The tragic and awful incidents of sexual abuse and murder of a 7-year old student inside the premises of his school in Gurugram followed by the gruesome rape of a 5-year old pupil in a school of Delhi sends shivers down one’s spine. They fill one with revulsion and disgust at the depravity of a few members of society whose monstrosity lurks from behind their façade of ordinary citizenship. To India’s utter misfortune, the state wakes up to the callousness of the authorities concerned, on every such occasion, after the physical and psychological existence of the victim is irreparably damaged and his/her future is subjected to precariousness. The rules to avoid such untoward incidents are simple and easy to adhere to — separating the lavatories of boy and girl students, teachers, support staff and hired individuals, for example, and strict observation of the code — but they are practised more in breach. The situation aggravates when television channels get into the TRP hunt, sensationalising the issue and blowing stories out of proportion. Emotions run high after a perpetrator attacks, leading to chaos, activism and damage to public and private property thereafter. To what avail? The outrage has never been able to pre-emptively strike the dangers of the future. Yet, it’s not the anger that is misplaced; it’s voyeurism of 24×7 channels that must end forthwith. Their mostly inane questions notwithstanding, the television journalists subject the kin of the victim — at times no less than the surviving victim — to undue probes.
Then the profession that is primarily supposed to inform begins opinionating through commentaries and debates (never documentaries), often without an iota of knowledge of the spot where the incident occurred. There have been quite a few instances in the past where an unfortunate turn of events was wrongly reported — for example, a child who died while walking normally through a corridor of his school due to an epileptic attack was reported to have fallen off the second floor some years ago — and an innocent but bewildered principal kept running for cover, fearing for her and her family’s security, for months on end. While the anger of parents and concerned guardians of wards is absolutely justifiable here again, the acts of the hoodlums who have penetrated their groups to wreak havoc in the neighbourhood where the schools are situated cannot be condoned.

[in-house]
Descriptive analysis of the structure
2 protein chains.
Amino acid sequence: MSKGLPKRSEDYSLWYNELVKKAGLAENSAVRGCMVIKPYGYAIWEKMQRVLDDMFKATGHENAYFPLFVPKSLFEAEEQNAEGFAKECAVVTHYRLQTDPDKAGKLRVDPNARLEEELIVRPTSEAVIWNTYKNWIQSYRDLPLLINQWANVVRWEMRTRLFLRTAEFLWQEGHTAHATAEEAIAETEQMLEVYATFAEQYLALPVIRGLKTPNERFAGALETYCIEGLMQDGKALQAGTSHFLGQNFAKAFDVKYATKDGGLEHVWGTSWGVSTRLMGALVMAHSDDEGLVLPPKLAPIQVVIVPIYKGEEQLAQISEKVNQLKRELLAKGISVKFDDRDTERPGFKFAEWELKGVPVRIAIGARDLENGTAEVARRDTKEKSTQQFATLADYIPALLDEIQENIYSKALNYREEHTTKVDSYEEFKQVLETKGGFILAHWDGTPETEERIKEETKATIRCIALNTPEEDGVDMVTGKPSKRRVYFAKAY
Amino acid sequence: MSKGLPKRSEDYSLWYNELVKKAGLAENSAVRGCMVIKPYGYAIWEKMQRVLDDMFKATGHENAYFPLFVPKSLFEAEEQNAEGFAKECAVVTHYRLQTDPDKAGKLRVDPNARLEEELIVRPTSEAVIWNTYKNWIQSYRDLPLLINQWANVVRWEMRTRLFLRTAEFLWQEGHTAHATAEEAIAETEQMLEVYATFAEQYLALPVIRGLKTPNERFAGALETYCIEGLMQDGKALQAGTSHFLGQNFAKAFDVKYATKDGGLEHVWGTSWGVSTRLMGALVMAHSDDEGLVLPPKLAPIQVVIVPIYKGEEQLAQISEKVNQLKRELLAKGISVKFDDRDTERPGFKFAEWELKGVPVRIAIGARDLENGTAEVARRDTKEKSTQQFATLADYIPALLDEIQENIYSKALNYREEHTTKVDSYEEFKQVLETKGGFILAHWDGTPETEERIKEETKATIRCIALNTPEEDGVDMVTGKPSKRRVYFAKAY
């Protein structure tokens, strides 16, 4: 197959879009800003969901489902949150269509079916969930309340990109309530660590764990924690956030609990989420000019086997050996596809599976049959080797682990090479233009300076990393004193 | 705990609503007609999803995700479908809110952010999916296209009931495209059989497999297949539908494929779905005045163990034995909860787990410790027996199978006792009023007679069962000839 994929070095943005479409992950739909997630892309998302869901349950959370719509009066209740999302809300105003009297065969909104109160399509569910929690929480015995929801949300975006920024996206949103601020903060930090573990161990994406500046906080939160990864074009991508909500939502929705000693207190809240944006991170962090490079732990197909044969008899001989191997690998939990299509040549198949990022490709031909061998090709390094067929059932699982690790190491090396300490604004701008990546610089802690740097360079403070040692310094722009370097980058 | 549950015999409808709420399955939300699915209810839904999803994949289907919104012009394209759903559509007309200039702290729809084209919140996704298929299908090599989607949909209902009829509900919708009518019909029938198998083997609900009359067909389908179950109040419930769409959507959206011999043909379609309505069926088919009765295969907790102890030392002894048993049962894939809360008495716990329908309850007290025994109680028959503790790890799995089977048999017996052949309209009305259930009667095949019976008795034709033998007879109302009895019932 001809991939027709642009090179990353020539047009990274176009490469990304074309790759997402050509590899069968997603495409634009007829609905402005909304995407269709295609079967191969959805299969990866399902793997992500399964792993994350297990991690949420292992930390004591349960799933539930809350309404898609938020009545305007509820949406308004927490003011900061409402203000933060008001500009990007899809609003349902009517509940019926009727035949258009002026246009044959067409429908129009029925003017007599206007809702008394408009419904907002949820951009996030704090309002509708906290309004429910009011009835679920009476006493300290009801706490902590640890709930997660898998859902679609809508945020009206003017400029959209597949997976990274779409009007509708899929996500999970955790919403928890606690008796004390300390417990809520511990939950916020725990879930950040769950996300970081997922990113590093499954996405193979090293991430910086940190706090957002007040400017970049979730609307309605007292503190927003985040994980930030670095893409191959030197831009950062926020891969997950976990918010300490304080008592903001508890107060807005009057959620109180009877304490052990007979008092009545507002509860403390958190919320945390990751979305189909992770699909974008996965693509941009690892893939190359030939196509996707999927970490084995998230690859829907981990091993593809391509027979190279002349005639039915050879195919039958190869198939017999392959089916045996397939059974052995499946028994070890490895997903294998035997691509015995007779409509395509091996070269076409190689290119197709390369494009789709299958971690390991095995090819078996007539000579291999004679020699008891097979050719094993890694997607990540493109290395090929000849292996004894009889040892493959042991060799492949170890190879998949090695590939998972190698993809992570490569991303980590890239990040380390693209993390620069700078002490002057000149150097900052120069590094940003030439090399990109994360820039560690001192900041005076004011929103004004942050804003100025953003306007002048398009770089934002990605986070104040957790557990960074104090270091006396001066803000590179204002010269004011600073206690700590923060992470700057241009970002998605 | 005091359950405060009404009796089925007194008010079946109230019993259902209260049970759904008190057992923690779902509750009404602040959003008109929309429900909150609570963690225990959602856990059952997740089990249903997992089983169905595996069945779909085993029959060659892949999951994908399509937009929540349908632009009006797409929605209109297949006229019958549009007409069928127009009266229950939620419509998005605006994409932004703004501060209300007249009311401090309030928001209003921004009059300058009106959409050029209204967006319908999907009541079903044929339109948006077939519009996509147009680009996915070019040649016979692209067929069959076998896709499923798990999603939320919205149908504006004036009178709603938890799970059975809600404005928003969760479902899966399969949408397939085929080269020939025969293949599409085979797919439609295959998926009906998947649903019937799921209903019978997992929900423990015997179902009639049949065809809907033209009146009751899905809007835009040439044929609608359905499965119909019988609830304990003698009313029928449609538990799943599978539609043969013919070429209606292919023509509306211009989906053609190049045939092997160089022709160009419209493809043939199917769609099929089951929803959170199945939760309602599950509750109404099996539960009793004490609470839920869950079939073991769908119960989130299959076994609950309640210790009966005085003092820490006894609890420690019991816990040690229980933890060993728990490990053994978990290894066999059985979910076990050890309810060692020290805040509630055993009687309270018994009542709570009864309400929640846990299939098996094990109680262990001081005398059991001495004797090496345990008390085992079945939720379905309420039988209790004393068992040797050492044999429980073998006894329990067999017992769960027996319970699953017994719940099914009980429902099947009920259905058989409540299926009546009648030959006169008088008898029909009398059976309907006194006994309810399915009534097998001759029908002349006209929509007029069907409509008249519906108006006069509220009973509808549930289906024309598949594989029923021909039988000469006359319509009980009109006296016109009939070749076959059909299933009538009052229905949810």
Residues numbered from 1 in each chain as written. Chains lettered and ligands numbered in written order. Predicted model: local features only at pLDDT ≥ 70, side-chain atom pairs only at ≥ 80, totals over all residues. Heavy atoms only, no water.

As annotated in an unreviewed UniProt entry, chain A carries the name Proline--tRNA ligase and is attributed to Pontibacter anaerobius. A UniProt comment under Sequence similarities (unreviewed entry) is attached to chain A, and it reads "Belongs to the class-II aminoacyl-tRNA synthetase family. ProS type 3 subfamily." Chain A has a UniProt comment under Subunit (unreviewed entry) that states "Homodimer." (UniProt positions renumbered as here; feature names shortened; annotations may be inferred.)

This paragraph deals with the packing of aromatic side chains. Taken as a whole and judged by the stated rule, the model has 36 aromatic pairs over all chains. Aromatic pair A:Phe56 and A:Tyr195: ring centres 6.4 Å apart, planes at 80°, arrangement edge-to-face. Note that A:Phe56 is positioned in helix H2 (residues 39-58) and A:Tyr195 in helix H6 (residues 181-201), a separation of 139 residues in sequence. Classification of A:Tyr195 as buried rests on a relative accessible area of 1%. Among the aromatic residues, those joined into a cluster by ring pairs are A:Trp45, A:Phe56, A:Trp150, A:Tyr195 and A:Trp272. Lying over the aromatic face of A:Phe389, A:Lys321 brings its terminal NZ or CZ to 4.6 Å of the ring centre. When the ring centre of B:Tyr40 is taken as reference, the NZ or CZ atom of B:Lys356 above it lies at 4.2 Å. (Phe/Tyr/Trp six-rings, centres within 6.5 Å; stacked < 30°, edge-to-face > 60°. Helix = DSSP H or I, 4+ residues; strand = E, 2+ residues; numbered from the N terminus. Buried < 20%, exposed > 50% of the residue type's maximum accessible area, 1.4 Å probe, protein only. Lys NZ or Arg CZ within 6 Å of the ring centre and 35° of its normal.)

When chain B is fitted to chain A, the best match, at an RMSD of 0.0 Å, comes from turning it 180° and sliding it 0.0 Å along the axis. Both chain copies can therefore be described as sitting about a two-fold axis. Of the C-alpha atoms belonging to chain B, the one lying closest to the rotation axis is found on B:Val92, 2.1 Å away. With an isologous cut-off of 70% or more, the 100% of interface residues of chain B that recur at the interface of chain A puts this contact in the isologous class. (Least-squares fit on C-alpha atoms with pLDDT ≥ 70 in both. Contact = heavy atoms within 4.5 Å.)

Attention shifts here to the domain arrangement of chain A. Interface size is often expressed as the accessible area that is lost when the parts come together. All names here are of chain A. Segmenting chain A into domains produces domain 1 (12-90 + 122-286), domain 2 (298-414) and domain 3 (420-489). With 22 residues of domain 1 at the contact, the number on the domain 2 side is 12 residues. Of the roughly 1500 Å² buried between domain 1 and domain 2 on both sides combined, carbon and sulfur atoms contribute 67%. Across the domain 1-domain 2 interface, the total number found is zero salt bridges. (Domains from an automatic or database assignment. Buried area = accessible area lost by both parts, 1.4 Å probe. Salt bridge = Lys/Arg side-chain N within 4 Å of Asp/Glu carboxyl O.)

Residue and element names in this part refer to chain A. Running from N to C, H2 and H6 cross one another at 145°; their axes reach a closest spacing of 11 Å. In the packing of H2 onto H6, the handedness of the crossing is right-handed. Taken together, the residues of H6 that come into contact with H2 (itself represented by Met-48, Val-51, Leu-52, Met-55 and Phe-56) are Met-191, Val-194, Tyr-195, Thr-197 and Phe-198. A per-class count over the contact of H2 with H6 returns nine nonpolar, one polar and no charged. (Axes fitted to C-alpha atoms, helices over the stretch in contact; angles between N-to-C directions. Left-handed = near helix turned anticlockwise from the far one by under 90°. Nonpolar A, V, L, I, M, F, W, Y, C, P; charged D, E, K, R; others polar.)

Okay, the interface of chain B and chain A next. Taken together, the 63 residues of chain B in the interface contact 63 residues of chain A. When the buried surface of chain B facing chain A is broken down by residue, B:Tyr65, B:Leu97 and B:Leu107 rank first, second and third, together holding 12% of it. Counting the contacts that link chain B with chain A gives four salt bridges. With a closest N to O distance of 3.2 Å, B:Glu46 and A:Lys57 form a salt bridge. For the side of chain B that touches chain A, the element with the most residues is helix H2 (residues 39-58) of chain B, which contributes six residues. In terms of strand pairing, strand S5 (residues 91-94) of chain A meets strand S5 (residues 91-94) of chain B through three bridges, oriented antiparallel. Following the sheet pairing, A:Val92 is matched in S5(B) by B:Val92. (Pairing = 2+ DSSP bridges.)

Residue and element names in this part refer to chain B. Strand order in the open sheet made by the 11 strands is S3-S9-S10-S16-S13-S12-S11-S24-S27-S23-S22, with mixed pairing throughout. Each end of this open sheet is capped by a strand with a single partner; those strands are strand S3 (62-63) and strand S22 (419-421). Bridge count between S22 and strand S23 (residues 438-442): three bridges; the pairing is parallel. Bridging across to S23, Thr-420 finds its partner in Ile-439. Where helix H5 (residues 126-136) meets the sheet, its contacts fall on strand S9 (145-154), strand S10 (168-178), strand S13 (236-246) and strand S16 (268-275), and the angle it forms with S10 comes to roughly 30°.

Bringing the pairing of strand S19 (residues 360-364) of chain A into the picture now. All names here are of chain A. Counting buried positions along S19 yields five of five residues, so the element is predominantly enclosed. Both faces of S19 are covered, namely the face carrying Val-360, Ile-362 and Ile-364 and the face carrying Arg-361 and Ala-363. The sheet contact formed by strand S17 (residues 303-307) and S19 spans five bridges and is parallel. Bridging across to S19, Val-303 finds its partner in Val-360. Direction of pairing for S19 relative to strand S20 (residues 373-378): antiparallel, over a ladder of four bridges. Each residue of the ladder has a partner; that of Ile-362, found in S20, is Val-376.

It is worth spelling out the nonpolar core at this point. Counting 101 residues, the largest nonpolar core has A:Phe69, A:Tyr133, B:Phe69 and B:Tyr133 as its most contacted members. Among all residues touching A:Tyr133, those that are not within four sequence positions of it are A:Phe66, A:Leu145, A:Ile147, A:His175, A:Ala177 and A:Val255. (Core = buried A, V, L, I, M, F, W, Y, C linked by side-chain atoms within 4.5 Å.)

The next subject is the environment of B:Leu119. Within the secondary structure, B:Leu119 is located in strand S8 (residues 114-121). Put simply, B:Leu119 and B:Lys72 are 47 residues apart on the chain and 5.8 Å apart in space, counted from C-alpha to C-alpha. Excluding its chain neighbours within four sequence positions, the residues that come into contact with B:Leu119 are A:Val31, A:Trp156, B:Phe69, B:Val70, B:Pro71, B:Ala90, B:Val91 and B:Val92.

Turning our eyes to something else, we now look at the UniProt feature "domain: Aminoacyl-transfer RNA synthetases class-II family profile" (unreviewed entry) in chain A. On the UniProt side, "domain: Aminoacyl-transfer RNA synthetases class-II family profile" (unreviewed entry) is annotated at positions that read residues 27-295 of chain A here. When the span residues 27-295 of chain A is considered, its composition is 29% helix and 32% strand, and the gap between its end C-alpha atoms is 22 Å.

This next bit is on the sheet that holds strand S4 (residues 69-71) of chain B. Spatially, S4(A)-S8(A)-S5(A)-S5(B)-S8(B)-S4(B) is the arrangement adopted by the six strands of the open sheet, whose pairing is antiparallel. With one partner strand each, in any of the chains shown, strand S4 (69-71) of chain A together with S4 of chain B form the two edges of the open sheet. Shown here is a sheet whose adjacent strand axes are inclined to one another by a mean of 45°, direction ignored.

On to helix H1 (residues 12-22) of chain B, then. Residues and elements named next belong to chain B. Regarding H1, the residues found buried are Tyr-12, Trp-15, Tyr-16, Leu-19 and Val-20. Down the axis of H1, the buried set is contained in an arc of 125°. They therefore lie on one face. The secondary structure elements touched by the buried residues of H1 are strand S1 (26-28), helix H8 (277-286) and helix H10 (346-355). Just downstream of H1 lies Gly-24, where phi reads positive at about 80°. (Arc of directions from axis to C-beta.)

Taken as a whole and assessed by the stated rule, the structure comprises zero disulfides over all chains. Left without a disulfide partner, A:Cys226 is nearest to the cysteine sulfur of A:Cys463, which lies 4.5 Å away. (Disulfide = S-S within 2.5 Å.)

With the thirst for inciting the mobs still unquenched, the media finally enters a wrong discourse, now dragging in the nation-state. Seventy years of failed but incorrigible socialism surfaces in the narrative, as some panellists demand that all schools be nationalised — as though government schools, with far less resource and much more callous attitude, are incident-proof! A government that cannot ensure primary education for 100% children of the country while spending billions on a motley group of pampered university students can, according to media commentators, take up this humongous, additional responsibility. And then the nation waits, dreaded, for the next mishap.
There is but a solution that is the closest to being foolproof. The security protocol must be turned automated, and minimal, closely scrutinised staff should be put through the drill to get used to the mechanics of the system. They alone ought to have access to the operations. This will be more judicious than listening to another wild, desperate and presumptuous call by the ‘experts’: Have an all-woman staff in every school! Of course, the arrest, trial and sentencing of the criminal must be prompt to intimidate potential criminals, but these steps follow the crime. Not one more incident of the kind must be allowed to occur.